In a major victory for home school families, the Michigan Supreme Court voted 4-3 on May 25, 1993, to exempt families who home school due to their religious beliefs from the state requirement that students be taught by a state certified teacher. The Michigan Supreme Court ruled in People v. DeJonge that the Michigan school officials failed to show that the teacher certification requirement was the least restrictive means of discharging the state's interest in seeing that children are educated. This ruling protects families that are home schooling for religious reasons, because the First Amendment says that the government can interfere with religious freedom only if the government has a compelling interest that is implemented in the least restrictive means.
“This is an important victory for home schooling and religious liberty, and it is the biggest victory that Home School Legal Defense Association and the home-schooling movement has ever won! It strikes at the core of the assault that the education establishment, especially the NEA, has waged against us. This is the first time in recent American history that a state supreme court has struck down the requirement that students be taught by state certified teachers,” said Michael Farris, president and founder of HSLDA. Mr. Farris represented the DeJonge family since the inception of this case eight years ago. The Michigan Supreme Court reversed the DeJonge’s criminal conviction for teaching without a certified teacher.
David Kallman, the Michigan attorney who has helped HSLDA with this case, said that the other home school decision handed down at the same time by the Michigan Supreme Court may have even more practical significance. Kallman explained that the high court vacated the criminal conviction of the Bennett family, because the government did not first take the Bennetts through a lengthy administrative process outlined by state law before dragging them into criminal court. Kallman said that this ruling means that no home school family can be immediately taken to criminal court, but must first go through the administrative proceeding. This will make it very difficult for the government to prosecute home schoolers in Michigan, Kallman said.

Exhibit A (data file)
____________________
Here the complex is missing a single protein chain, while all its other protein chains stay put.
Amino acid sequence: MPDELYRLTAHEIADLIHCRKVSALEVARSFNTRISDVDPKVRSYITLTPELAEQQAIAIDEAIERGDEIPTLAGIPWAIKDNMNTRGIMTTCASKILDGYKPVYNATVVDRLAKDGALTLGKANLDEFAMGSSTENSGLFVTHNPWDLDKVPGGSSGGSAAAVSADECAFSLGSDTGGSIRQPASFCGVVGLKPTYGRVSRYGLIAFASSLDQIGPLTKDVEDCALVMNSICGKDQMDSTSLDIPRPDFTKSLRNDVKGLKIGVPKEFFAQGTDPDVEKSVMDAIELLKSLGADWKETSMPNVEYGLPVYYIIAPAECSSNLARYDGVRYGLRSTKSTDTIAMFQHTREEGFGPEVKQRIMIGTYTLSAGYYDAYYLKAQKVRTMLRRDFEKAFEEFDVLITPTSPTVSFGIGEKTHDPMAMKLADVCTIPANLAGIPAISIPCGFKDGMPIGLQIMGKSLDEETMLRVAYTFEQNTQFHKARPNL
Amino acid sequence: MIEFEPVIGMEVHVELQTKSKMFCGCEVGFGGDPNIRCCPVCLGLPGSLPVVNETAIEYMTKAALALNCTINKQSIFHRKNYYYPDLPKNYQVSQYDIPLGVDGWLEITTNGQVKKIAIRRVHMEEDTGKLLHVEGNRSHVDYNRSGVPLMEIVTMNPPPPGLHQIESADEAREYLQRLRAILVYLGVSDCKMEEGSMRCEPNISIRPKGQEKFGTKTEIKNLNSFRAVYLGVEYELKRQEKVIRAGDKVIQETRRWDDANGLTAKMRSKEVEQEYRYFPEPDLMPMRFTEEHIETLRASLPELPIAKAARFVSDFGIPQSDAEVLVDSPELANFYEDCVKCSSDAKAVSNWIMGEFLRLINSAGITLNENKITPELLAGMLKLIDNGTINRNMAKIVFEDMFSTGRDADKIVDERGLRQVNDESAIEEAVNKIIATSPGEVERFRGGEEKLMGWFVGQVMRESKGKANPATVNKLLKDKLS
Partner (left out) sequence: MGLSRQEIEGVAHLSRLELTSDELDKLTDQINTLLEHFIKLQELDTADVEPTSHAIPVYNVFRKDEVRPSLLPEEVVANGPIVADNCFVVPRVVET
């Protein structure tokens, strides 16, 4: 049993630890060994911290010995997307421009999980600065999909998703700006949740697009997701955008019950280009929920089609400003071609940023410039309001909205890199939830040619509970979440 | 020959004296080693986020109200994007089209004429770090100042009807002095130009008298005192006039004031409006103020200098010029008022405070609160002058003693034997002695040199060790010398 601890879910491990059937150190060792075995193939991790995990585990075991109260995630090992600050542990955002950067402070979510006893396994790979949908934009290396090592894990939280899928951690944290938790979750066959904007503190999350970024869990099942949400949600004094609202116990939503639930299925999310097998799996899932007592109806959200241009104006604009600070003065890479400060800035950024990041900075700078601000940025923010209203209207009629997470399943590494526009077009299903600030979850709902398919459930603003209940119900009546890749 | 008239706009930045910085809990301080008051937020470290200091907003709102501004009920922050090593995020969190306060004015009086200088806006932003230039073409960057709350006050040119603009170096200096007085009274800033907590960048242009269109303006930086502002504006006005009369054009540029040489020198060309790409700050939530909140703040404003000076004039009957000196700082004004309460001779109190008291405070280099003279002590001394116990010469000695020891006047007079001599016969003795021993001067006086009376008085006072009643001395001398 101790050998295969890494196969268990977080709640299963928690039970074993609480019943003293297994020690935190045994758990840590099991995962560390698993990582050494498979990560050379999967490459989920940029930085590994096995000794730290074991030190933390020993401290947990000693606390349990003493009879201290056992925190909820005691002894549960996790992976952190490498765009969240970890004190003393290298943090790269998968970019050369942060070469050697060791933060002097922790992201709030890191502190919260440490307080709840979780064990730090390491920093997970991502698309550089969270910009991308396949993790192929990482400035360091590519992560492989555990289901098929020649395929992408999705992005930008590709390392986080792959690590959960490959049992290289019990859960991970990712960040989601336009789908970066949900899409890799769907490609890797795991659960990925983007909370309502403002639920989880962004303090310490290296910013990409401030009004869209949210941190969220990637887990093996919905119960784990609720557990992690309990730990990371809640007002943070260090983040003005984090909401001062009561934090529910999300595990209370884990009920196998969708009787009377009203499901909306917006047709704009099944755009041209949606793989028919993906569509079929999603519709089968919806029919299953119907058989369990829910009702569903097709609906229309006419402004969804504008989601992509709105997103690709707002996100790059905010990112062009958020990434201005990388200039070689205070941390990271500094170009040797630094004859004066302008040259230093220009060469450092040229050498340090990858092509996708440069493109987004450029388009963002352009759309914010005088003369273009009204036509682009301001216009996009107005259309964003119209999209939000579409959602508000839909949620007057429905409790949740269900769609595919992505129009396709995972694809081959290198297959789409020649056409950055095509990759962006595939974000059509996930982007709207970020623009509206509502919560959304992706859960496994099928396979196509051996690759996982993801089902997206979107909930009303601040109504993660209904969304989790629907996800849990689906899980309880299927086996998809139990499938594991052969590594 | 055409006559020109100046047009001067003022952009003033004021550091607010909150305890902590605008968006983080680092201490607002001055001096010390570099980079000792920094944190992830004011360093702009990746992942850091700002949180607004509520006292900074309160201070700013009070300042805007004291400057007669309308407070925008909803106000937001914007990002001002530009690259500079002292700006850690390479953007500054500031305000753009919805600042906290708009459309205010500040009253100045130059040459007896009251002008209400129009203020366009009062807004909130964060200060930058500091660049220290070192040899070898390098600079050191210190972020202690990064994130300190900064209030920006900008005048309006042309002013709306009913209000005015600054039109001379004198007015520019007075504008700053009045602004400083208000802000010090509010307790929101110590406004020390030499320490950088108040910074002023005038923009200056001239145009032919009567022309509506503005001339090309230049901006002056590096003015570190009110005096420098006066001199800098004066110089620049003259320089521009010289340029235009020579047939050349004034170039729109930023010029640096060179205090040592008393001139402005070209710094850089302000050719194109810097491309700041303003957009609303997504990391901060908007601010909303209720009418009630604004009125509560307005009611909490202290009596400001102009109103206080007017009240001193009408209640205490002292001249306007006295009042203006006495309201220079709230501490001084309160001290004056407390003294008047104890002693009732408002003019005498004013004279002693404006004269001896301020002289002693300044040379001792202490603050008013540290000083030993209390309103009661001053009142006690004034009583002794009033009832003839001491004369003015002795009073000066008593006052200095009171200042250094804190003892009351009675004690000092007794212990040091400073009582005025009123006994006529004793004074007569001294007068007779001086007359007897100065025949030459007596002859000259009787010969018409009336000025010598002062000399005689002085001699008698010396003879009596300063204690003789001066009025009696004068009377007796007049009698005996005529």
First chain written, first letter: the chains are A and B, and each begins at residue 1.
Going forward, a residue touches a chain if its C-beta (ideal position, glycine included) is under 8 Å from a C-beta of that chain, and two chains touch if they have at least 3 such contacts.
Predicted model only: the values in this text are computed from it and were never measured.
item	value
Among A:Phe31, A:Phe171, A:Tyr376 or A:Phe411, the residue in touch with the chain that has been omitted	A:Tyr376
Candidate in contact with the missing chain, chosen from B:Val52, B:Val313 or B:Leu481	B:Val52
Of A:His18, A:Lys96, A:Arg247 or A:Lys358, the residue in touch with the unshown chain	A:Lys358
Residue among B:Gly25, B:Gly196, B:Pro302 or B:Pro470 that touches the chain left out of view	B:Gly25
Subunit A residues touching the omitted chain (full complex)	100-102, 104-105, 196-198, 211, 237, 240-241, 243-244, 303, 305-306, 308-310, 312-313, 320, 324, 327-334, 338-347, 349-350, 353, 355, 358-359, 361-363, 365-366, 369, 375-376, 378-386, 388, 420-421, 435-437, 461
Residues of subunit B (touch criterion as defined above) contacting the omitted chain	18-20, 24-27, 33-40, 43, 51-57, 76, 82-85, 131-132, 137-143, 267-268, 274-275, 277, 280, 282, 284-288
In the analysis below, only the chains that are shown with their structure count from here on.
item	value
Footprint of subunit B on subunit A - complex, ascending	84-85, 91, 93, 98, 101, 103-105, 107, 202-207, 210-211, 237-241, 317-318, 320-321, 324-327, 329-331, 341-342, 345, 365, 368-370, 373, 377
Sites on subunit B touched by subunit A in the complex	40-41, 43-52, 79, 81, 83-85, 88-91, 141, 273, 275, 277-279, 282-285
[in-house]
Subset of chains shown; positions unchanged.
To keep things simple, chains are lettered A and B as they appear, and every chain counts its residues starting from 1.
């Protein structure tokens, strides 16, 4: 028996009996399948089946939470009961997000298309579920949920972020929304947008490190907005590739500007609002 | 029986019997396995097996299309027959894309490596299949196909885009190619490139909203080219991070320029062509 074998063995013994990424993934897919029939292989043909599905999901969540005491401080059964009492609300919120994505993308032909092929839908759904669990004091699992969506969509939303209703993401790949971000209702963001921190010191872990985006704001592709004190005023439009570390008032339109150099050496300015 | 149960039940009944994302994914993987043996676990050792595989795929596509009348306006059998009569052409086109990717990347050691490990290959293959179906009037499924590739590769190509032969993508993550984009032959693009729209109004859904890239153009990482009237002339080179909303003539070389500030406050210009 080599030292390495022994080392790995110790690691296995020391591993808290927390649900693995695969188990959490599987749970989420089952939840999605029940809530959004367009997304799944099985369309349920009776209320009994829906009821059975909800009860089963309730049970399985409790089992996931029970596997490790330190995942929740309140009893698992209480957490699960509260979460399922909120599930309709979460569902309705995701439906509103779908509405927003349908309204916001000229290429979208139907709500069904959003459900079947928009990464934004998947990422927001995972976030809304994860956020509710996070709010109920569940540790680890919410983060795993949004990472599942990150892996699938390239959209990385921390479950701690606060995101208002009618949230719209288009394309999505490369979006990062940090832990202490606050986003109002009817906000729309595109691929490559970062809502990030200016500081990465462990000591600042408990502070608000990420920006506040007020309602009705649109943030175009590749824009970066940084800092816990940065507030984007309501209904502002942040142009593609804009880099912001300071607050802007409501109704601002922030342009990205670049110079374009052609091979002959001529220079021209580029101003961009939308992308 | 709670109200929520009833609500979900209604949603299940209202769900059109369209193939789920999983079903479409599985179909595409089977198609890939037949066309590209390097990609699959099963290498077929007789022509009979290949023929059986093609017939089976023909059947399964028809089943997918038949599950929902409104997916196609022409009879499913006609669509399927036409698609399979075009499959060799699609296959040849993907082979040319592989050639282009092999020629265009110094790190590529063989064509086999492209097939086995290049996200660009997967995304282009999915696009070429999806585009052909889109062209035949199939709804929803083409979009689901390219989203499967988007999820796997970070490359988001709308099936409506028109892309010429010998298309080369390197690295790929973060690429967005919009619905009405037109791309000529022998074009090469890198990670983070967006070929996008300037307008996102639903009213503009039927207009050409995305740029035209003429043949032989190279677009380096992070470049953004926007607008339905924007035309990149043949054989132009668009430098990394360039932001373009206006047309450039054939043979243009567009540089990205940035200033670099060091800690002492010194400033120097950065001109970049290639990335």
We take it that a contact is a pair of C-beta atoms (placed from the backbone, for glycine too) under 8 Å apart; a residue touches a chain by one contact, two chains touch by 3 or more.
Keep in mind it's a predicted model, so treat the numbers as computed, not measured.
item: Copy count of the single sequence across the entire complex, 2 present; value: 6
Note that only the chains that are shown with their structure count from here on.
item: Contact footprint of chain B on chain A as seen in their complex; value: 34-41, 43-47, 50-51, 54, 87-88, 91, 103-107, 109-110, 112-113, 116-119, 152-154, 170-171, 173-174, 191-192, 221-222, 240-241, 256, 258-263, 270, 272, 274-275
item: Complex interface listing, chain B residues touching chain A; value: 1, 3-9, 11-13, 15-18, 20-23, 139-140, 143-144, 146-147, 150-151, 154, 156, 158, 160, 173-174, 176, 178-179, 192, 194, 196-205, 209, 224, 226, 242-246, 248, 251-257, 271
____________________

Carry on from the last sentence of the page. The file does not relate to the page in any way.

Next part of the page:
Kallman praised the work of Michael Farris and Chris Klicka in fighting for the DeJonges, the Bennetts, and other home school families in Michigan. Kallman pointed out that this is a significant court win that can be taken to other states.
Farris explained that requiring certified teachers is not an effective way to promote excellent education of children. “Studies show that student achievement in school does not correlate to whether the teacher is certified or not. Motivated teachers who educate children in a one-on-one or small group setting, in an atmosphere of loving encouragement, is the environment where children thrive educationally,” Farris said.
Religious Exemption Denial Overturned
On April 26, 1993, Jon-Paul and Janet Dusan appeared before Judge Snoddy, the Chief Justice of the Cumberland County Circuit Court, to appeal their school board’s refusal to grant them a religious exemption for their home school. It was a clear and unqualified victory, for after hearing the arguments from both sides, Judge Snoddy ruled in the Dusans’ favor stating, it is “not the board’s duty to determine what is best for the Dusan children,” and that “it is not for us to say whether the Dusans’ beliefs are right or wrong.”
The Dusans, like all Virginia families who are home schooling for religious reasons, have an option under the law to obtain a religious exemption from all compulsory attendance requirements.
When Jon-Paul and Janet Dusan requested a religious exemption this year, they demonstrated their religious beliefs with letters from friends who vouched for the fact that they had bona fide and sincere religious beliefs. The family also submitted affidavits from pastors who met with the Dusans and found, in their expert opinion, that their beliefs were definitely religious.
However, at the beginning of the 1992/93 school year, the Cumberland County school board denied the Dusan family a religious exemption in a 2-1 vote. HSLDA appealed the school board's decision to the Cumberland County Circuit Court.
Attorneys Christopher Klicka and Jordan Lorence represented the family in circuit court on April 26. And by God’s grace, Judge Snoddy, ruled in the Dusans’ favor. He reversed the school board’s decision and ordered them to grant a religious exemption.
This circuit court decision in the Dusan case will have an immediate impact on religious exemptions for home-schooling families in Cumberland County and the surrounding counties where this circuit judge presides. Furthermore, it will be a helpful tool in convincing other school boards throughout the state to grant religious exemptions to home school families.